While I would've preferred the rapid transit lines to be letters (A, B, C) so they don't interfere with the bus/streetcar routes, it's an easy way to get on board accessibility laws. Besides, St. George Station has had numbered subway lines for the last 20-odd years. Here's a Google Streetview of the sign that's been there since 1993:
The Golden Compass replying to a comment from cathie / March 3, 2014 at 05:19 pm
HAHAHAHA. I agree. And this is not insult to people but to the silly train system we have for a mega city. When I came back from Europe last year I guy from Paris got on the TTC. He was all nervous about getting to Main Station. I guess coming from Paris and knowing how big Toronto is he was freaking out. I explained to him that after our 20-30 minute bus ride Kipling (since we have no direct train to our airport...) Once your on the the train...ride it to Main... How sad is that?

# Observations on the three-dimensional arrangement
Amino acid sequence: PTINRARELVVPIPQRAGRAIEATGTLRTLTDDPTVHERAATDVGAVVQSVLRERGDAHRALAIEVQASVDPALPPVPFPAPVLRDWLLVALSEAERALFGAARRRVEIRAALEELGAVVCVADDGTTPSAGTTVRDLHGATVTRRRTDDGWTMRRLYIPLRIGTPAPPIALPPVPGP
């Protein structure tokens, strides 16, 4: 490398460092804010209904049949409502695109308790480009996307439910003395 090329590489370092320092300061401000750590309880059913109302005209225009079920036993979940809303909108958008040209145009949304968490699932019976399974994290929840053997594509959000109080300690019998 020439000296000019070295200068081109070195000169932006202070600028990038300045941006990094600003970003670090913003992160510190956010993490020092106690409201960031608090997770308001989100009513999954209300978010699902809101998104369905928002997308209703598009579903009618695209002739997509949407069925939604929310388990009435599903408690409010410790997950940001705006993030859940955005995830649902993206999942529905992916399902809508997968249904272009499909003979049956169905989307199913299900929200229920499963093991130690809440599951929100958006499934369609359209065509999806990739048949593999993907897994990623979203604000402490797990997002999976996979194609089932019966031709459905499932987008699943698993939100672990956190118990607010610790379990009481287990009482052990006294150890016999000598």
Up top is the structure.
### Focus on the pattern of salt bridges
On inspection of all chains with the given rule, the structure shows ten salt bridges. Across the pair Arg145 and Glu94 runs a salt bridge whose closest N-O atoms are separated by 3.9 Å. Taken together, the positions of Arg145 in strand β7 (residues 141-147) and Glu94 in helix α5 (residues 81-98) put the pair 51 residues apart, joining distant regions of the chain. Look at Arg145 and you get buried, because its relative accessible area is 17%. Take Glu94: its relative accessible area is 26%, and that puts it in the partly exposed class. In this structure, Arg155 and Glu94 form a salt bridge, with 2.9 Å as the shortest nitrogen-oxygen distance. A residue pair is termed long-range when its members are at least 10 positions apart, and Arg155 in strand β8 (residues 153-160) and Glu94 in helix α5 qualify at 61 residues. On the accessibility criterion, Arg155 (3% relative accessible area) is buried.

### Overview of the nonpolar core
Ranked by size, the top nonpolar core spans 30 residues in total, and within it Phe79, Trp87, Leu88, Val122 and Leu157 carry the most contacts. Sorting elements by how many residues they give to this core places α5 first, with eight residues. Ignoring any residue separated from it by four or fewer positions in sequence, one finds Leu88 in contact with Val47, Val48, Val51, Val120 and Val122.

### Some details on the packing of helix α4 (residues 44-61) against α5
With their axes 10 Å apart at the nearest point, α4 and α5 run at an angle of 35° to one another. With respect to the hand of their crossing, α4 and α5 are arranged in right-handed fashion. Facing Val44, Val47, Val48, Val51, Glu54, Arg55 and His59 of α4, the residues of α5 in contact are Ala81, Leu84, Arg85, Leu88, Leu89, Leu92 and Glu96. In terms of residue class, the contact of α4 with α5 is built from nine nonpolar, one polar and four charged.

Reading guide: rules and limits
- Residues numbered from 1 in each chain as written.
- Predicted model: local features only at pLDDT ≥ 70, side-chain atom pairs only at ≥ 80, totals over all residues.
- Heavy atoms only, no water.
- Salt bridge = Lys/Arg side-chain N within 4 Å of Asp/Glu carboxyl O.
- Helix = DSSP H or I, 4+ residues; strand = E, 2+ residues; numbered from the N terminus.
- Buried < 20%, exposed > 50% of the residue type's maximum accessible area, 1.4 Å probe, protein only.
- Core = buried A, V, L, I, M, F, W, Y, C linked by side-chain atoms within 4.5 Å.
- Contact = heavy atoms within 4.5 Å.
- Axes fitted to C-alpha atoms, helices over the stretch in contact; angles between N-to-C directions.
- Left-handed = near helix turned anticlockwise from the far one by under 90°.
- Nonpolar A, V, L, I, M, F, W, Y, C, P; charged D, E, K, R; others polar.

flob / March 3, 2014 at 05:38 pm
I hope all of you folks full of helpful opinions are also directing them to the TTC via No sense complaining here - as fun as it is.
Rob replying to a comment from flob / March 3, 2014 at 05:46 pm
Ian D / March 3, 2014 at 06:23 pm
All the comments are great. For instance, yes the Yonge Line track signs are way too glossy. This happened because the existing signs were refurbished by the TTC paint shop then reinstalled. They will be replaced by matte Dibond panels - same as the BD line - which look great. This is a pilot designed to test the system and gain feedback - so keep the comments coming! Also for direct messages.